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Let wealth, let honour, wait the wedded dame,
95 And each warm wish springs mutual from the heart.
Ver. 88. No, make me mistress to the man I love ;] “ Deum testem invoco, si me Augustus, universo præsidens mundo, matrimonii honore dignaretur, totumque mihi orbem confirmaret in perpetuo præsidendum, charius mihi, et dignius videretur tua dici meretrix, quam illius imperatrix."-Hel. Abelardo, Ep. i.
" When Maisterie comes, the Lord of Love anon
This sure is bliss, if bliss on earth there be,
Alas, how chang’d! what sudden horrors rise!
Canst thou forget that sad, that solemn day, When victims at yon altar's foot we lay? Canst thou forget what tears that moment fell, When, warm in youth, I bade the world farewell ? As with cold lips I kiss'd the sacred veil, The shrines all trembled, and the lamps grew pale: Heav'n scarce believ'd the conquest it survey'd, And Saints with wonder heard the vows I made. Yet then, to those dread altars as I drew, 115 Not on the Cross my eyes were fix'd, but you ; Not grace, or zeal, love only was my call, And if I lose thy love, I lose my all.
Ver. 108. Yon altar's] The altar of Paraclete, says Mr. Berrington, did not then exist; they were not professed at the same time or place; one was at Argenteuil, the other at St. Denys.
Warton. Ver. 111. As with cold lips] This description of the solemnity of her taking the veil, the prognostics that attended it, her passion intruding itself in the midst of her devotion, Ver. 115; the sudden check to her passion, Ver. 125; need not be pointed out to any reader of sensibility, and lover of true poetry.
Come! with thy looks, thy words, relieve my woe;
Ah, think at least thy flock deserves thy care,
NOTES. Ver 119. Come! with thy looks, &c.] These lines cannot be justified by any thing in the letters of Eloisa. What approaches the nearest to them is a passage in the first Epistle, which is thus given in Mr. Berrington's translation. “ I am not to have the happiness of your company; give me therefore what else you can. I ask but a few lines;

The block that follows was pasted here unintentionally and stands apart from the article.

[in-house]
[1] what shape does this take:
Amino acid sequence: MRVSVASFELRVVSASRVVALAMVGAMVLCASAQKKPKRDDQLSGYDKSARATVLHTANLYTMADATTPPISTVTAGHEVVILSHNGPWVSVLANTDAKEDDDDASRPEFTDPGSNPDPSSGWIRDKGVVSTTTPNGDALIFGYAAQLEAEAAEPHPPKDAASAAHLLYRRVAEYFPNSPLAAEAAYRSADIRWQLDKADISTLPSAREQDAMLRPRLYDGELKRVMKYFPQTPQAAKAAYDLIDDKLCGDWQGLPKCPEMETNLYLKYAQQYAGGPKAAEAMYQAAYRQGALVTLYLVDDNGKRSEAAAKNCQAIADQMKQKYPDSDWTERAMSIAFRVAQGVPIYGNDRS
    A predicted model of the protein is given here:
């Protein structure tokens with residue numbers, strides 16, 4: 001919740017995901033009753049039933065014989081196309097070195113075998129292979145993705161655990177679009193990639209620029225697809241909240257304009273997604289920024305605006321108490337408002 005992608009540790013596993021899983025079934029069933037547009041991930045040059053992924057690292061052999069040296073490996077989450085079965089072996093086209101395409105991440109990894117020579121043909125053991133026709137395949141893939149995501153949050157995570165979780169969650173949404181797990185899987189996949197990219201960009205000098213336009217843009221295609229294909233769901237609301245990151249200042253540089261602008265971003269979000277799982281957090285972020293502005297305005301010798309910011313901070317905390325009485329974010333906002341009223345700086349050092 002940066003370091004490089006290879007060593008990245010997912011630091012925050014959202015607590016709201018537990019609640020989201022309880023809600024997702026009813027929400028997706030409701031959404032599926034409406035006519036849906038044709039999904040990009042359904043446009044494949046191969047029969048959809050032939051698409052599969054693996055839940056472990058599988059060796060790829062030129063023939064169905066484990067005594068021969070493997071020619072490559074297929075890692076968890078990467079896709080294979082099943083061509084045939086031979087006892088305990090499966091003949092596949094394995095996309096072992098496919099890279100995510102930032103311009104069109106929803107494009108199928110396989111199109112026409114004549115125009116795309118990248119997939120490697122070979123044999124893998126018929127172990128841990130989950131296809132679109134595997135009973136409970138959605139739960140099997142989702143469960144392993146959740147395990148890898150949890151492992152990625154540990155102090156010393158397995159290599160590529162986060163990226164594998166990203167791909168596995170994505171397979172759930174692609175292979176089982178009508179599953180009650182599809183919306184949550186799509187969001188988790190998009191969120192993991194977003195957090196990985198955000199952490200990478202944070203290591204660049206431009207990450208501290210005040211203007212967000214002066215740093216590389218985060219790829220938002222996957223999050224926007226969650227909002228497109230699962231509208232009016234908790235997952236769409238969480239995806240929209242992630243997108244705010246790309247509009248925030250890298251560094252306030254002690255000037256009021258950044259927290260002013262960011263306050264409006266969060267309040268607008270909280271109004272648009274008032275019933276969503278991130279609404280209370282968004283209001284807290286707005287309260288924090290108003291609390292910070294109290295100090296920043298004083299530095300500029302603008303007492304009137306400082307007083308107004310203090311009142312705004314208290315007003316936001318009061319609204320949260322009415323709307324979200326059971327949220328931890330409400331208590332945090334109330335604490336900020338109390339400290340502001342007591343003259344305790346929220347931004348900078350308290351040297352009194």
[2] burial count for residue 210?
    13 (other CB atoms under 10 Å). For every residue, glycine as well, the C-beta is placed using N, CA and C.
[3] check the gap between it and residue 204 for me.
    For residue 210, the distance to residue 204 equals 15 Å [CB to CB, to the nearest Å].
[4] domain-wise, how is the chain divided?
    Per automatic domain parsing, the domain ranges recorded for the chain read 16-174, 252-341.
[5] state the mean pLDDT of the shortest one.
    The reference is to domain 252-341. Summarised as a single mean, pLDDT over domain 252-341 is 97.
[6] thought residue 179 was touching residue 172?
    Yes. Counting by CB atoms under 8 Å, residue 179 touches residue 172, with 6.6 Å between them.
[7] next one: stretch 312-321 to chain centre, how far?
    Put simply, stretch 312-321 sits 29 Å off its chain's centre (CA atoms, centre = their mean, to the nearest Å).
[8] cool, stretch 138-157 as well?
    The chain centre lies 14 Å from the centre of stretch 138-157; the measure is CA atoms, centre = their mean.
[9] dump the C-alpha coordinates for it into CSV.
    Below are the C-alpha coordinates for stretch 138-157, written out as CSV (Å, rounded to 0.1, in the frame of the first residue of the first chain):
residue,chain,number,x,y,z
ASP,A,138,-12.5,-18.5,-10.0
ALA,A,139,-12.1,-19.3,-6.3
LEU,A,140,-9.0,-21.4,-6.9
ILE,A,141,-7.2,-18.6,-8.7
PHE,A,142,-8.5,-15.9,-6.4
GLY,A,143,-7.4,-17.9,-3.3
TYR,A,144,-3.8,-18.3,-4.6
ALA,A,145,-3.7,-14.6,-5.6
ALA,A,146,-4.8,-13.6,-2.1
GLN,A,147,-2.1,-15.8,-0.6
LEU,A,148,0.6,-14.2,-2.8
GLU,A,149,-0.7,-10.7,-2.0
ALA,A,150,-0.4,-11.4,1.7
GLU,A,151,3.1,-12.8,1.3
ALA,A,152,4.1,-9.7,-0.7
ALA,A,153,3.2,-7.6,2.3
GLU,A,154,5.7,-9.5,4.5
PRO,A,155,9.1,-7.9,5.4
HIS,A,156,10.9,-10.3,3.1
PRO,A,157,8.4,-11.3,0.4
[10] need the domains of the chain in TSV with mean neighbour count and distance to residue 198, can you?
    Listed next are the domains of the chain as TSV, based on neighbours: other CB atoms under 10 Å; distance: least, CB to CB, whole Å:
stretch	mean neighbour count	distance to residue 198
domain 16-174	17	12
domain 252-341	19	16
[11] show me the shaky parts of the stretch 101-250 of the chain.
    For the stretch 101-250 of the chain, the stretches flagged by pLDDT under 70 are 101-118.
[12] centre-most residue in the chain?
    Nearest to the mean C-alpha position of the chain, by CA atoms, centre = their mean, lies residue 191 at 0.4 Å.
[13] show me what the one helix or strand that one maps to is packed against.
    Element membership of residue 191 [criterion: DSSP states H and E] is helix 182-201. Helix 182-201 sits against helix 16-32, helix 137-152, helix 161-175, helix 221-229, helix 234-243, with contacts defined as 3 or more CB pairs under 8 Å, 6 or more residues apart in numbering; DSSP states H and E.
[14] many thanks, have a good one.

you, who are so rich in words, refuse me that faint image of yourself?" The original affords still less grounds for the passage in the poem. “ Attende, obsecro, quæ requiro; et parva hæc videbuntur, et tibi facillima. Dum tui præsentia fraudor, verborum saltem votis, quorum tibi copia est, tuæ mihi imaginis præsenta dulcedinem. Frustrà te in rebus dapsilem expecto, si in verbis avarum sustineo."
Ver. 130. Ah think at least, &c.] “ Hujus quippe loci tu, post Deum, solus es fundator, solus hujus oratorii constructor, solus hujus Congregationis ædificator-in ipsis cubilibus ferarum, in ipsis latibulis latronum, ubi nec nominari Deus solet ! divinum erexisti Tabernaculum, &c.—Heloisa Abelardo. Ep. I.
Ver. 133. You ruis'd these hallow'd walls;] He founded the Monastery.
No weeping orphan saw his father's stores 135
Ver. 136. Our shrines irradiate,] Non magis auro fulgentia atque ebore, simulacra, quàm lucos, et in iis silentia ipsa adoramus, says Pliny very finely, of places of worship.
Warton.. Ver. 141. In these lone] All the images drawn from the Convent, from this line down to line 170, and particularly the personification of Melancholy, expanding her dreadful wings over its whole circuit, cannot be sufficiently applauded. The fine epithet, browner horror, is from Dryden. It is amusing to read with this passage Mr. Gray's excellent Account of his Visit to the Grande Chartreuse. Works, 4to. p. 67. These exquisite lines will be highly relished by all those,
Who never fail
Il Penseroso, v. 155.
Thy eyes diffus'd a reconciling ray,
145 And gleams of glory brighten'd all the day. But now no face divine contentment wears, 'Tis all blank sadness, or continual tears. See how the force of others' pray’rs I try, O pious fraud of am'rous charity!
Yet here for ever, ever must I stay;